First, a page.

With workers now being sent home in droves as a result of Covid-19 many will not be prepared for the physical and mental adjustments needed to make a success of long days alone.
If you work for a large corporate, your employer will have flexible working policies in place and is most likely used to supporting employees who work from home.
That's the case with Vodafone. Nonetheless the telecommunications company is grappling with new challenges thrown up by Covid-19. "We are in unprecedented times," says Katie Williams, the company's HR director.
In preparation Vodafone decided mid-March to assign half of its staff in each building to work from home, week-about. Almost all have the appropriate kit already including a sim-enabled laptop or iPad and mobile phones. Their devices can tunnel through the firewall into the Vodafone system to access their documents and use collaborative tools.
In some case, such as with call centre workers, Vodafone is providing staff members with desktop PCs in their homes.
As well as physical safety, workers and their employers need to consider their mental health.
"For some people it can be absolutely joyous to work from home," she says. "For others it can be isolating and lonely."
That is a challenge for the employee assistance programme. To cope, says Williams, individuals should:
● Get dressed in the morning. Williams gets dressed for work and puts her makeup on, even if working from home, because it gets her in the right frame of mind.
● Have a schedule. Start and finish the day at fixed times and schedule meetings.
● Telephone colleagues instead of emailing. By calling colleagues you are making up for some of the lost social connectivity.
● Get outside. Make sure you schedule breaks and get into the garden or go for a walk around the block.
Your work space
Define where work will be. That might be the dining table or a corner of the bedroom if you don't have a dedicated office. If you're lucky it will be a sleepout or even a dry, warm internal garage. Consider where the noise comes from.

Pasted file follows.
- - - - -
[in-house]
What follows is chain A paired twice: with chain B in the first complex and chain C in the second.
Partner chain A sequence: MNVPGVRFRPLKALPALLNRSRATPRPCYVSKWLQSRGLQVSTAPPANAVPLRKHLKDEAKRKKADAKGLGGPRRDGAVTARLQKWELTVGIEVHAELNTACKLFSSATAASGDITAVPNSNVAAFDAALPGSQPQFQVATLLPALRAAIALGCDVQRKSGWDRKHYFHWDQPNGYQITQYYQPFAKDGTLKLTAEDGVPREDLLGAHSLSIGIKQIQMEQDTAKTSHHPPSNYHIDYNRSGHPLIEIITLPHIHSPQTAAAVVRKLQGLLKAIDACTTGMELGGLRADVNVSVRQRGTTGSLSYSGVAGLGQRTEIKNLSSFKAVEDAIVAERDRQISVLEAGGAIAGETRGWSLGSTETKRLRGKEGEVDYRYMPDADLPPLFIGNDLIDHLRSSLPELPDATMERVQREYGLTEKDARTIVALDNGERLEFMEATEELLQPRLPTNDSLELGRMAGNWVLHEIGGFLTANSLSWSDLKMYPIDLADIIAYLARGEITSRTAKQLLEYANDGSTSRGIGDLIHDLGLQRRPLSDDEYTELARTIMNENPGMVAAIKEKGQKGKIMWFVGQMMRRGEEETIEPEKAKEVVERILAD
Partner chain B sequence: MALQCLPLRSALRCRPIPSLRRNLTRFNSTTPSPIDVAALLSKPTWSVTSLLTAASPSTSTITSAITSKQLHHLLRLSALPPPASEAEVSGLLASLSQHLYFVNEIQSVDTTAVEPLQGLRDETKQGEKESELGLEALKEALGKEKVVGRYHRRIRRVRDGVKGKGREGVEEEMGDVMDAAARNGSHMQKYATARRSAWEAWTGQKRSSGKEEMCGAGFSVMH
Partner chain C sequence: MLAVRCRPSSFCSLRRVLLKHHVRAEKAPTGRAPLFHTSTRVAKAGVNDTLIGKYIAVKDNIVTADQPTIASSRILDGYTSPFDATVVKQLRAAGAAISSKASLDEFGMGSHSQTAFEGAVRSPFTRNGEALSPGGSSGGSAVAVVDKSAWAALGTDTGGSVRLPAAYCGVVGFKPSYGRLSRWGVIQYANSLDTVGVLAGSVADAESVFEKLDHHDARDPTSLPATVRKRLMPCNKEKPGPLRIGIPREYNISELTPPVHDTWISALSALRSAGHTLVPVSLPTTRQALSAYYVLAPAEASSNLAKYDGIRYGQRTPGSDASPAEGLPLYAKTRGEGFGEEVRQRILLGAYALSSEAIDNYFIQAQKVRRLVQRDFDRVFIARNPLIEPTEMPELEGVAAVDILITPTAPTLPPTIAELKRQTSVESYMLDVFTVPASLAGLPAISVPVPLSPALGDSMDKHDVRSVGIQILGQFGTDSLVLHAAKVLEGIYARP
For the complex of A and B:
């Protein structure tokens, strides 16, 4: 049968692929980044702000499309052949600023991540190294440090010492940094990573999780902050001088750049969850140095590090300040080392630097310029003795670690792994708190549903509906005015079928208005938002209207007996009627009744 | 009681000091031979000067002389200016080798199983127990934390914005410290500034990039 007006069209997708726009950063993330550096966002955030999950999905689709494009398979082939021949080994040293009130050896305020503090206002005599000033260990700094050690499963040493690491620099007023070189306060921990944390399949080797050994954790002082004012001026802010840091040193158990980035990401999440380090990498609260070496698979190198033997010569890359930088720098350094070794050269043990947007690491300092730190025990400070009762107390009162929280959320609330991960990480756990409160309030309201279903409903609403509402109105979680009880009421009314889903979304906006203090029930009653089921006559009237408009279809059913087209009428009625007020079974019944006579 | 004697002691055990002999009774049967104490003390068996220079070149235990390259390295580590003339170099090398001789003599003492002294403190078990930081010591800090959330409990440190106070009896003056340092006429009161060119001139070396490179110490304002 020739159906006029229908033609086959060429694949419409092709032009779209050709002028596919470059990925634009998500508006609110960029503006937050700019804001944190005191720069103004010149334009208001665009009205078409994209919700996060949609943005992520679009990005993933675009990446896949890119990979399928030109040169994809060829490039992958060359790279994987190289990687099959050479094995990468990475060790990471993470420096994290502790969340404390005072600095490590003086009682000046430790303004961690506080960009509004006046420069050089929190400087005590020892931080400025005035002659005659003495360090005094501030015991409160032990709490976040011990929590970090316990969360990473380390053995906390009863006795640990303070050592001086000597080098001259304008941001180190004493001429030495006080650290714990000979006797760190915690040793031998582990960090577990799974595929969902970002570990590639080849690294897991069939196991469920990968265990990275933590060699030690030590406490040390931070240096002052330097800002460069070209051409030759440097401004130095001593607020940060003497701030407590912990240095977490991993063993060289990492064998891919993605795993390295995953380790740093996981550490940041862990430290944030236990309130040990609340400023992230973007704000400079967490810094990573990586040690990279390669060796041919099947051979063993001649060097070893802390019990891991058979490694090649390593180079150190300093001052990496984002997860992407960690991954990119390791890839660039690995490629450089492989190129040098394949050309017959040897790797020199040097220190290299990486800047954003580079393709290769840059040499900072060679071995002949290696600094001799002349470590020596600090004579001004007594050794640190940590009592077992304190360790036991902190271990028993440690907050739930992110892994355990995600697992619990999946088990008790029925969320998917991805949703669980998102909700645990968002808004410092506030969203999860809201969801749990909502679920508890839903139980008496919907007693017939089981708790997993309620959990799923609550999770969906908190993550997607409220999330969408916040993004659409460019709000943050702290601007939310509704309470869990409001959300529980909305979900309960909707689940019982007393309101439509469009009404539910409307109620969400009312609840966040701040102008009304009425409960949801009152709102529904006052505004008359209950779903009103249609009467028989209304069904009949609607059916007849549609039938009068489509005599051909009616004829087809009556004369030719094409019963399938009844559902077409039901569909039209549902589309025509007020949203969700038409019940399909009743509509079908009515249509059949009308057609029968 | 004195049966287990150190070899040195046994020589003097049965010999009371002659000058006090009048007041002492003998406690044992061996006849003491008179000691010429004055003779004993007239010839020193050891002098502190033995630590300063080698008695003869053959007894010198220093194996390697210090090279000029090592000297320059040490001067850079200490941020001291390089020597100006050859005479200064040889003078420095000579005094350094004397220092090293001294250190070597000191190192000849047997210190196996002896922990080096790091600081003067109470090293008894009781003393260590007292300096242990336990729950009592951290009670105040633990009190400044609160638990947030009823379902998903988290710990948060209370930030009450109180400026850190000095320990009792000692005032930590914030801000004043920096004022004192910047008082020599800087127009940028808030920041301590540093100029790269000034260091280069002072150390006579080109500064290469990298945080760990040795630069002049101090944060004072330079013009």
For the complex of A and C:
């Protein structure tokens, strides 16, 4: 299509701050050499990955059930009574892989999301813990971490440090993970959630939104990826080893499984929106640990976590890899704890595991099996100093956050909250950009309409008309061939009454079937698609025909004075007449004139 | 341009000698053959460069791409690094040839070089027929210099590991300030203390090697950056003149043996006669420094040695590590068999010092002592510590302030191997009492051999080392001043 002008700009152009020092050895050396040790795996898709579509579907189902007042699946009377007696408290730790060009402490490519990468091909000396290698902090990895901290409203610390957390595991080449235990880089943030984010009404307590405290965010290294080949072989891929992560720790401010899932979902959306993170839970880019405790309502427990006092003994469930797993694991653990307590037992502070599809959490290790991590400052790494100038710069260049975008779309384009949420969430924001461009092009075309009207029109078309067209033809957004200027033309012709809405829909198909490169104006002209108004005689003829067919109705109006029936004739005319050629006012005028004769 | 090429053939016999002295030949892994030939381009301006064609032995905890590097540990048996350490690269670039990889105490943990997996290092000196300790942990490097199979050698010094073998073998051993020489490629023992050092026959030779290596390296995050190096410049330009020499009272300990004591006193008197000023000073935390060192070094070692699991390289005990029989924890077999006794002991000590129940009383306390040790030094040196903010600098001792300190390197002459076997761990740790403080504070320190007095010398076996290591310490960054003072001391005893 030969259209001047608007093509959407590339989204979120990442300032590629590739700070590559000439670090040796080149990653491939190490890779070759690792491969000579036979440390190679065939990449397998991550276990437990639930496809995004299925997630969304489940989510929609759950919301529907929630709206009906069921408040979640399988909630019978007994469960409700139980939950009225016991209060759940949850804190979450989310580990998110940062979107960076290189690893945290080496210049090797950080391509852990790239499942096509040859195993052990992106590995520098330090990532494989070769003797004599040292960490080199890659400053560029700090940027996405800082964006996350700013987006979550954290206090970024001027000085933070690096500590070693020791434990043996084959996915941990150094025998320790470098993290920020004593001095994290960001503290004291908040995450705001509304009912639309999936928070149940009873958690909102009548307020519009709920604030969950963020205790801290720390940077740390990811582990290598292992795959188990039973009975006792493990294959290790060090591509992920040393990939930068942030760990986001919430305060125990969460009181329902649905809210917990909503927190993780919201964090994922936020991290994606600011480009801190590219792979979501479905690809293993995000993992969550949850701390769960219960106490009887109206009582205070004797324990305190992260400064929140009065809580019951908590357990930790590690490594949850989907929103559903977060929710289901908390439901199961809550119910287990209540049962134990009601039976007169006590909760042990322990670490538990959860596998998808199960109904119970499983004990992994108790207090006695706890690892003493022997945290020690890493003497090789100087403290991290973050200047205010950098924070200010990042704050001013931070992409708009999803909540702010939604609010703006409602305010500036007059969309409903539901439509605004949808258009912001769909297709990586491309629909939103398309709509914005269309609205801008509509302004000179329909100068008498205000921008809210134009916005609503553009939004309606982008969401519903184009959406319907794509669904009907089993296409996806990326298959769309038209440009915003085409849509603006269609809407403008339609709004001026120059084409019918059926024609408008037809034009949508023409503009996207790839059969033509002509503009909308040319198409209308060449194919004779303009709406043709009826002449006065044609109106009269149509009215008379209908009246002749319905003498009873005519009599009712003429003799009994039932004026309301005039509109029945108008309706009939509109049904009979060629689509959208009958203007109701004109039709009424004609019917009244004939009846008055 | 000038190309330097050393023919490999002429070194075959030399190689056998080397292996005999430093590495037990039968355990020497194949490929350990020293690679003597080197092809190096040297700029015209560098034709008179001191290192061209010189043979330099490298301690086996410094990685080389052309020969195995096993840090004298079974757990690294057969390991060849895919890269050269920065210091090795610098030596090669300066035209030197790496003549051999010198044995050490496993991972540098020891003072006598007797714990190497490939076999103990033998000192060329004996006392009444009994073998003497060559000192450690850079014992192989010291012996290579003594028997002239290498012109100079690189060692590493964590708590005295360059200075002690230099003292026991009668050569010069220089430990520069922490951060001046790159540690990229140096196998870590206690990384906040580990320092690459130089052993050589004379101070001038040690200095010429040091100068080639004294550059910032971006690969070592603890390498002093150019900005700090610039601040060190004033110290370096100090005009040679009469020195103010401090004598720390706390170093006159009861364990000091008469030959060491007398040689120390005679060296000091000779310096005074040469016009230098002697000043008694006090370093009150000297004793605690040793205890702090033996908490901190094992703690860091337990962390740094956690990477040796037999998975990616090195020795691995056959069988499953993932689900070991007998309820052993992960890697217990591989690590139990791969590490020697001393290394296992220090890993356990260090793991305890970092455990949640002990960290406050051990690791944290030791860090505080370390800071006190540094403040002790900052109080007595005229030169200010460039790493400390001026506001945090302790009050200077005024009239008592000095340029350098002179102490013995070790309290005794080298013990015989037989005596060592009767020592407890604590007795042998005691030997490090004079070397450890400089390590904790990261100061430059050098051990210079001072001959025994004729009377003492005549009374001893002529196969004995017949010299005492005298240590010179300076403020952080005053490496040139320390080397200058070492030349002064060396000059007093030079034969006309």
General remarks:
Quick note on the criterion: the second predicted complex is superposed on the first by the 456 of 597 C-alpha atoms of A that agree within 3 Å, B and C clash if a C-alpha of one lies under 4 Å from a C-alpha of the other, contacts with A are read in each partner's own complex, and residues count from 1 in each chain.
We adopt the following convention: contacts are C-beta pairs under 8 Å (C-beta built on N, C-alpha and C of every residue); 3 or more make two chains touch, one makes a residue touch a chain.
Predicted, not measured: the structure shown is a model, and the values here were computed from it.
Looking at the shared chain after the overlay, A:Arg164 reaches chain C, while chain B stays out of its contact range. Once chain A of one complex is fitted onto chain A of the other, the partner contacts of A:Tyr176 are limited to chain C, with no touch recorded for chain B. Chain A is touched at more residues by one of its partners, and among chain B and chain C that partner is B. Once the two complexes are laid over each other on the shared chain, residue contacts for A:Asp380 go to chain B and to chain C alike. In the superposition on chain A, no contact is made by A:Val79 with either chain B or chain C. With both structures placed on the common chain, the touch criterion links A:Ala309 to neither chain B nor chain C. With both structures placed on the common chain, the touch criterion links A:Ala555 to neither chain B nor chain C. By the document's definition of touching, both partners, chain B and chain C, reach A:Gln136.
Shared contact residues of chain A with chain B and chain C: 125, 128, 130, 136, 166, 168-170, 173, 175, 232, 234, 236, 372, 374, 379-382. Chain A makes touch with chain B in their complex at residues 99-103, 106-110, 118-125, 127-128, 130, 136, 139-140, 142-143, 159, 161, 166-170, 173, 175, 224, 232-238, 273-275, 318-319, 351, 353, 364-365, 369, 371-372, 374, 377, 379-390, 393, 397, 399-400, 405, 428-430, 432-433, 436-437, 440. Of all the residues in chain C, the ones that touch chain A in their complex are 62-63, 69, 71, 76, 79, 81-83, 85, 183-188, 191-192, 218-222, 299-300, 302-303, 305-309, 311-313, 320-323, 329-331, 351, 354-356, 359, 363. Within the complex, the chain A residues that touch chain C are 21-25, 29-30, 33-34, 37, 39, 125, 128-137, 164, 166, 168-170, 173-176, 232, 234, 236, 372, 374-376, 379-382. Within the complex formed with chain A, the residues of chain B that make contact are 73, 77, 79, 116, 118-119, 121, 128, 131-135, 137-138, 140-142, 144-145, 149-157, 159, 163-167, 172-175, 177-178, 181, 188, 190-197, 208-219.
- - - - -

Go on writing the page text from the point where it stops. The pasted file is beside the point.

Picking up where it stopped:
If you're going to be at your desk for extended periods of time, consider the ergonomics. Vodafone employees have been given an ergonomics checklist. "A key part of working from home is health and safety," says Williams.
"Are your feet firmly on the floor under your desk while you are working? Are your elbows higher than the level of the desk?"
Make sure you're using a purpose-designed office chair and if you're on the phone a lot, a headset. If you use an ergonomic keyboard and mouse at work, you need them at home. Large employers are likely to have departments that can help with health and safety advice and equipment. If working from home is thrown on large numbers of workers at once, smaller organisations may not have the resources to cope.
Help, the kids are at home
One of the Covid-19 specific issues facing those working from home is dealing with children.
"The question is how to send a 'do not disturb' signal to the children in the house," says Williams.
"We are tackling what support to give our team. It is fair to say we are in uncharted waters."
For some the answer may be a locked door, noise-cancelling headphones or a work hat, which, when on, signifies that they're working.
Not all children will buy it or are old enough to be left in another room.
Tough for smaller organisations
While corporates have pandemic plans and workplace policies that have factored in working from home, smaller organisations may not be prepared for the reality.
They may not have plans for providing staff with hardware and software to do the job from home or supporting that work remotely. That can be an issue as most home-based employees will need to be able to access their applications and files.
The computer or laptop will need to be sufficiently modern to run the software needed. Not all employees' own technology will have the up-to-date security software to keep hackers from accessing the organisation's IT system through the back door with phishing or network attacks. Cyber criminals are allegedly already using coronavirus-themed attacks.
Smaller employers don't always trust their workers to be productive at home. The best way to deal with this is to keep your employer in the loop of your daily or weekly achievements in your new workplace.
Finally, endeavour to embrace the change. Maybe you can spend more time with your children, less on the road commuting and cut back on fuel or public transport fares.